US White House shares altered video

 

In July 2017, the Prototype first featured demonstrations of faked video content in which the University of Washington researchers created what they called a “Synthetic Obama” avatar that looked like and sounded like the former American President.  The Prototype took a step further in March 2018 to declare, “The future is fake,” a pessimistic prediction that political news and the public’s perception of reality would be distorted by altered and synthetic content.

In August, US lawyer Rudy Giuliani, an associate of the current US administration declared, “The truth isn’t the truth.” That context enlightens the events of November 7 when a midterm election press conference devolved to an intern’s brief struggle to retrieve a microphone from a persistent journalist.  Video of the tussle has exploded on digital media.  Wired says, “The video was altered in a way that is misleading and dramatises events. It is extremely low quality, likely because it’s a combination of edits and re-uploads….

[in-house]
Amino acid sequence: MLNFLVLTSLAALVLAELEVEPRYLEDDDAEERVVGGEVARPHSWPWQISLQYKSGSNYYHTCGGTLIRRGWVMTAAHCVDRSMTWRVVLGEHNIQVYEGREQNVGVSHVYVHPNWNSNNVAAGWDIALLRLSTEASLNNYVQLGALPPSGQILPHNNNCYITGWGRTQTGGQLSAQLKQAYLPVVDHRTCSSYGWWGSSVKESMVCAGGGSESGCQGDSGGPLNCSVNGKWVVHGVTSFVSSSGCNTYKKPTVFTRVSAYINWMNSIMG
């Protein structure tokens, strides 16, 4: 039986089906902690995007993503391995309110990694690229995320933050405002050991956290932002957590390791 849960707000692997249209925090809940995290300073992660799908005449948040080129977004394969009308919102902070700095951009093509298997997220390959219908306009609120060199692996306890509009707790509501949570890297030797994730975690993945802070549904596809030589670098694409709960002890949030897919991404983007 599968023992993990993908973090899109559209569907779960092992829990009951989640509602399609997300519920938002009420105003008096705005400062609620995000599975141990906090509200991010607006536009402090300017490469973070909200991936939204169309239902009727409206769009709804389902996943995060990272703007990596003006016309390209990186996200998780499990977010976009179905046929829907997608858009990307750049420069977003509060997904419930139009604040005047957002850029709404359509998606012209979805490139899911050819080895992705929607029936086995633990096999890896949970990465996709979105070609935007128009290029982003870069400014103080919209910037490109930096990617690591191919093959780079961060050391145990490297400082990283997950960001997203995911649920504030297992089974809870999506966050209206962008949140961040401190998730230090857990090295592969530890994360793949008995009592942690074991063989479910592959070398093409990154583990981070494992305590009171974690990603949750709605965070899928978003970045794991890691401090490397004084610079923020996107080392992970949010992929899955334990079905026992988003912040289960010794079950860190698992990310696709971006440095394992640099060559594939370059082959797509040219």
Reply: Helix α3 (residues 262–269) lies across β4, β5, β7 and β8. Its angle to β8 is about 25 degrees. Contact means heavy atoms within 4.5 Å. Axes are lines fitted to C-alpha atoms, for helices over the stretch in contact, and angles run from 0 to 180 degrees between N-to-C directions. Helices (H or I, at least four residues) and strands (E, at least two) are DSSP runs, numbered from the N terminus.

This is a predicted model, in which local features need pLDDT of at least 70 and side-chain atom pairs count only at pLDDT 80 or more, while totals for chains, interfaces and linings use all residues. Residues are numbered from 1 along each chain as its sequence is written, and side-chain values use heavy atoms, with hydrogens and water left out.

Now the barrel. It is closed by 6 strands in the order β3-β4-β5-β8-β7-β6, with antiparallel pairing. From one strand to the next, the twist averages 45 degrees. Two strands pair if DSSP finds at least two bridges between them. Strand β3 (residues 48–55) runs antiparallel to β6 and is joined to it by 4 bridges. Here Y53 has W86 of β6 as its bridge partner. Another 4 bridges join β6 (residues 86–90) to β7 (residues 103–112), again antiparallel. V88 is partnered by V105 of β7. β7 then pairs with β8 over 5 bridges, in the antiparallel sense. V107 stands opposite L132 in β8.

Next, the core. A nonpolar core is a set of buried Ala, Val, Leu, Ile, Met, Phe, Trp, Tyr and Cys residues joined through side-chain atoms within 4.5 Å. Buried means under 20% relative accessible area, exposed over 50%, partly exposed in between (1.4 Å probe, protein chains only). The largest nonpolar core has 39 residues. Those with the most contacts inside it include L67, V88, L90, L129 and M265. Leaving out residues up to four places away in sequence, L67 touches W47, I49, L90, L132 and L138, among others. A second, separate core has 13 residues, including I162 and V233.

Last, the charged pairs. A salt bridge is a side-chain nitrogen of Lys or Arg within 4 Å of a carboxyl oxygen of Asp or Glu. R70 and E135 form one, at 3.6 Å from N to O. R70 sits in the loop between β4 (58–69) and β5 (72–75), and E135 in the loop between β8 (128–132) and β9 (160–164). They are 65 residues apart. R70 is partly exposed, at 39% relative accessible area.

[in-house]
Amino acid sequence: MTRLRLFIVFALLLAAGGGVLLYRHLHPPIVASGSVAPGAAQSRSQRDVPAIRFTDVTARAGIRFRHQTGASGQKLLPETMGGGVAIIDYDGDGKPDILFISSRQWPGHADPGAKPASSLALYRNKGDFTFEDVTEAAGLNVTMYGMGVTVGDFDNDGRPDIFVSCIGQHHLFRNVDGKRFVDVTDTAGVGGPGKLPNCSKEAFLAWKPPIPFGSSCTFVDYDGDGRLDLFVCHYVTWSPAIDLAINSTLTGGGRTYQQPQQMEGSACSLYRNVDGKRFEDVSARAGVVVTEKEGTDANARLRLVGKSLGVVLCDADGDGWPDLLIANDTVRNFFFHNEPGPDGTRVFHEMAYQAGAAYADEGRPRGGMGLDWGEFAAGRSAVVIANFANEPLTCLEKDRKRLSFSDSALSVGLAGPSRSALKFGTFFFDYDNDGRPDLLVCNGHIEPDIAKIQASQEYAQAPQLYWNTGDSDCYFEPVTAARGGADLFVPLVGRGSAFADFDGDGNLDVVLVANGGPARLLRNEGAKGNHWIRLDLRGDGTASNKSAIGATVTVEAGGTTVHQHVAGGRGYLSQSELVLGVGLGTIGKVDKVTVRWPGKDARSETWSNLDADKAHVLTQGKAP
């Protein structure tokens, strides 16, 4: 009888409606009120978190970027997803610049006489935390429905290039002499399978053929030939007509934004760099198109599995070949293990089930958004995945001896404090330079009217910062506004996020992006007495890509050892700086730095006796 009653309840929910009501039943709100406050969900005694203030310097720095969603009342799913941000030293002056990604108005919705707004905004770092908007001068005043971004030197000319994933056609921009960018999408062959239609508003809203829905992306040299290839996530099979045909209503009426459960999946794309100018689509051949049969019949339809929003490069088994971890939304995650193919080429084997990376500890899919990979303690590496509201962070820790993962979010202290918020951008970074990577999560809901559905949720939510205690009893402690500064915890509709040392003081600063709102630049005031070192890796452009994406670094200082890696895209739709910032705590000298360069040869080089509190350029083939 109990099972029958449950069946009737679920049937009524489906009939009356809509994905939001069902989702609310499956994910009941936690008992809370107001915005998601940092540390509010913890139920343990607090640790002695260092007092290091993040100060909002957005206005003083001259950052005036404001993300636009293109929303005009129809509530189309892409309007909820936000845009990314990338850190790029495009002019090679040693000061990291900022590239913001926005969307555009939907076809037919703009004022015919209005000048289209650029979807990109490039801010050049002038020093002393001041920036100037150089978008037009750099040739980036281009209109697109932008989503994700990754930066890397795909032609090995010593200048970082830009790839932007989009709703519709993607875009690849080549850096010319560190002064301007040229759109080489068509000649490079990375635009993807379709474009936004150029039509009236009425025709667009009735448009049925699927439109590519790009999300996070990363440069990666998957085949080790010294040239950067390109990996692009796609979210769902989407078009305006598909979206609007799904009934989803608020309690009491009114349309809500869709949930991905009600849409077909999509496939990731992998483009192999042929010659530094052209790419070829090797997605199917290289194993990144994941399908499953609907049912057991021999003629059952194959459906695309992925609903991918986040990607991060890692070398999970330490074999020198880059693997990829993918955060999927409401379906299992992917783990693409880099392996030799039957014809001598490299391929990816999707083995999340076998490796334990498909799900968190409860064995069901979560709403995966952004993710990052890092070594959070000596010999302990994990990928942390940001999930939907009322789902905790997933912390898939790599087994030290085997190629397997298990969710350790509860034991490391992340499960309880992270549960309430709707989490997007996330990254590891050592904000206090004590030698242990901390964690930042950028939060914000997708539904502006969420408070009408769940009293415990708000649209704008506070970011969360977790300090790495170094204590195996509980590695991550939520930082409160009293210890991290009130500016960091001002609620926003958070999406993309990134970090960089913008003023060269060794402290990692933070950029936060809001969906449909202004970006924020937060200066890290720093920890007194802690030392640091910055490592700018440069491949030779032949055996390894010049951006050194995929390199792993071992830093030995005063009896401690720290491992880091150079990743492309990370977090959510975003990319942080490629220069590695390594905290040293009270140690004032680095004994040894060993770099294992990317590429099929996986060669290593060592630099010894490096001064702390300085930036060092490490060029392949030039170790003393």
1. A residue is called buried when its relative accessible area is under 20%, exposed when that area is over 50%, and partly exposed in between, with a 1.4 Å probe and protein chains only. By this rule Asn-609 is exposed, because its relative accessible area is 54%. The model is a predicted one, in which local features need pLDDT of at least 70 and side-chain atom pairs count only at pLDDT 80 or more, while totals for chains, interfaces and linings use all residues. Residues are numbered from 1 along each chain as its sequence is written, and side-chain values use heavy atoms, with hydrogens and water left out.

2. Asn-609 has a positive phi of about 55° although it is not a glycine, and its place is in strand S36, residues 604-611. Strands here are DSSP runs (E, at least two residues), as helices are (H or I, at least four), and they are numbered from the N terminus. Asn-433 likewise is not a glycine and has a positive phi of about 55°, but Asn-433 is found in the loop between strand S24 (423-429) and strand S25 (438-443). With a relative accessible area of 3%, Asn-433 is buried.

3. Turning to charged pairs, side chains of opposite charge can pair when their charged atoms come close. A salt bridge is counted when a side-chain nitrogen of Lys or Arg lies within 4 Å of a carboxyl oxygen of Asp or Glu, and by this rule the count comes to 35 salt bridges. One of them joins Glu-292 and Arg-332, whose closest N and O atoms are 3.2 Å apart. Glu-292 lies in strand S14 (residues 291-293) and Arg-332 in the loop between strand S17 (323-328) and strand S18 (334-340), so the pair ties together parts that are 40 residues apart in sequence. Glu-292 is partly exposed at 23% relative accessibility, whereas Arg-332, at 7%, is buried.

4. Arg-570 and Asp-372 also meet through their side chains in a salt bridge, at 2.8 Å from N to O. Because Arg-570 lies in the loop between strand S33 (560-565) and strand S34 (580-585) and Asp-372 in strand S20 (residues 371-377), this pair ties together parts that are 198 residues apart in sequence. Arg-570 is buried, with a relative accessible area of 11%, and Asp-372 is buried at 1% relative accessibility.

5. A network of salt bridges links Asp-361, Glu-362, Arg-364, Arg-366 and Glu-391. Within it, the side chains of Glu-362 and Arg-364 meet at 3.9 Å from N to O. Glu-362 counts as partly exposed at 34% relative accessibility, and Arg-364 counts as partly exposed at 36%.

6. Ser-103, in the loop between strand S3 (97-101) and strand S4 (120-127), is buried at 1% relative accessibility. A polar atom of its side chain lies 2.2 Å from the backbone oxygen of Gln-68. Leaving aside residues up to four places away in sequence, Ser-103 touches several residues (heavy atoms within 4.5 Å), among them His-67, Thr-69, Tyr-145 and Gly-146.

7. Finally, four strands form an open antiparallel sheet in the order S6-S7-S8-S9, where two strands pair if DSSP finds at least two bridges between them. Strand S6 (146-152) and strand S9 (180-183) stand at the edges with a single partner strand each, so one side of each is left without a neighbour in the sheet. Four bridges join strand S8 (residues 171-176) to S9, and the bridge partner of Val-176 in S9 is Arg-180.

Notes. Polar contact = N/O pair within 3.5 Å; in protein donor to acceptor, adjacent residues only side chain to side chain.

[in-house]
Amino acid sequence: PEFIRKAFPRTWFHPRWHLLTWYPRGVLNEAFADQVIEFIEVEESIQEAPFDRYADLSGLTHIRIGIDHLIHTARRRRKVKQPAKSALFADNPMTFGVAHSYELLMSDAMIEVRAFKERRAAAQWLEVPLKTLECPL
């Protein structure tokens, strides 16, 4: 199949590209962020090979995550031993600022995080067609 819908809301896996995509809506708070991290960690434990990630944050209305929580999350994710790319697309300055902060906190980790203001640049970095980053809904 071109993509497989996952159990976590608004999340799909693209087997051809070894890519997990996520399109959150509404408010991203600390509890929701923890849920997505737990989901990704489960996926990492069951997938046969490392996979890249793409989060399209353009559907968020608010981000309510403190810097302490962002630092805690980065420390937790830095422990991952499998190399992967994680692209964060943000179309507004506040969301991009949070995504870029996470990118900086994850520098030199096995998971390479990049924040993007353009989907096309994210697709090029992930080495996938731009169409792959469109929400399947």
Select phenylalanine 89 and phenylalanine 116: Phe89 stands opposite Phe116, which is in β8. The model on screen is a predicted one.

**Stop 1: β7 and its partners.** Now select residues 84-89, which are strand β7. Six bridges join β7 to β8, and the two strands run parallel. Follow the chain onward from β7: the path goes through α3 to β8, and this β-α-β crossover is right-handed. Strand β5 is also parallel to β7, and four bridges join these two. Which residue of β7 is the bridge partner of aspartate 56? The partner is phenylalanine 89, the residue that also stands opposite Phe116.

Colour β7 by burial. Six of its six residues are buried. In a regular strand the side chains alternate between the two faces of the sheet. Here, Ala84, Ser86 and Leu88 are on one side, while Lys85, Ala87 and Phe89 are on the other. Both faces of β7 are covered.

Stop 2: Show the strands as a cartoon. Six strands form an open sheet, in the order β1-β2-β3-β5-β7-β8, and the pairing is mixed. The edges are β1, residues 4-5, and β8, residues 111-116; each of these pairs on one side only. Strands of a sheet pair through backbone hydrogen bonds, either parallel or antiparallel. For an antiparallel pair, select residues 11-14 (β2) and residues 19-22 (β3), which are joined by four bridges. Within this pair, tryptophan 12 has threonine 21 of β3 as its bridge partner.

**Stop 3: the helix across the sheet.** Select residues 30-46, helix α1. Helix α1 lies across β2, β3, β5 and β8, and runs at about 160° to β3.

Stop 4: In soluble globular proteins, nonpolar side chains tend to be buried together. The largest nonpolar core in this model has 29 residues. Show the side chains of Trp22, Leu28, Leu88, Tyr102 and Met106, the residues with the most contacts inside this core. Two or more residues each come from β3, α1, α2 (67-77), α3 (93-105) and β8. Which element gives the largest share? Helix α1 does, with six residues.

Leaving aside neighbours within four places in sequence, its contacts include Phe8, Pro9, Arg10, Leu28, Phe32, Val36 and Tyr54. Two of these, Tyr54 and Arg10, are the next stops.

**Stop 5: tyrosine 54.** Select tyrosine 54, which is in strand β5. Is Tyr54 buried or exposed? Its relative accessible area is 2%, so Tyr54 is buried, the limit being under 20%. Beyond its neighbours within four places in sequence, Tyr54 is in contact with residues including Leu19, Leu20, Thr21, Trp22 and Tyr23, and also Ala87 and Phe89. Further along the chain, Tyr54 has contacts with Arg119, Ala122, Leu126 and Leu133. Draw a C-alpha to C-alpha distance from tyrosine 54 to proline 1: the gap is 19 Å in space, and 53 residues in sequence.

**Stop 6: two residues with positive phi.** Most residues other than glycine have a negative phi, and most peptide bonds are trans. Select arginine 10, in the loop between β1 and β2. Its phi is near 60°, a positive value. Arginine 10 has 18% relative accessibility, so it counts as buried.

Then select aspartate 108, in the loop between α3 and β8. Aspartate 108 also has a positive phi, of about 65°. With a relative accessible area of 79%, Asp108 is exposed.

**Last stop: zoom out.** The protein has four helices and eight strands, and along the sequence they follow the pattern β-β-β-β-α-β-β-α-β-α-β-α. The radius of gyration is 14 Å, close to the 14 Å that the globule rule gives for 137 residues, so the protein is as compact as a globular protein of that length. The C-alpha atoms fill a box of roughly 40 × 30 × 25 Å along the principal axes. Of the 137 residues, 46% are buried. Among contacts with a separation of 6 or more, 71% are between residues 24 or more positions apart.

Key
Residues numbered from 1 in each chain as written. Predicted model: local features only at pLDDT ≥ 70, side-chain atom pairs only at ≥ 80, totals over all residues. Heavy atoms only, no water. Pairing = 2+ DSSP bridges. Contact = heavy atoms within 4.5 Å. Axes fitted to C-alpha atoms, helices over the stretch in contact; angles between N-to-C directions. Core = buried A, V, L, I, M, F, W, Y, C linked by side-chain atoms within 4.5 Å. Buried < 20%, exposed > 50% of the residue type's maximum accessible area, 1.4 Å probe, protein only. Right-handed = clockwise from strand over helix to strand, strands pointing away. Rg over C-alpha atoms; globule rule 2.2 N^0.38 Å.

High-quality video from any of the other cameras present at the press briefing shows that, while there was contact between Acosta and the intern, it was not a strike or ‘karate chop’ as some claim.”  The US White House Press Secretary forwarded the video via Twitter and claimed that it documented inappropriate behaviour that justified revoking the journalist’s access to the White House.  InfoWars who created the video has been banned from Facebook, YouTube, iTunes, Vimeo, MailChimp, Twitter and LinkedIn. 

In a lawsuit filed with the US District Court against the President and White House Press Secretary, Jim Acosta and CNN cite a litany of Twitter videos and #FakeNews insults.  The court brief claims that “…the video shared by Press Secretary Sanders was apparently doctored, as has been reported widely. It has further been reported that the video Ms. Sanders disseminated to the public came from a contributor to InfoWars, an organisation whose ‘conspiracy theories and hateful content’ have led to it ‘being banned earlier this year by most major social media platforms.’”  The future has arrived, and yes, on some websites, it’s definitely fake.

 


This story is featured in the 15 November 2018 edition of The Warren Centre’s Prototype newsletter. Sign up for the Prototype here.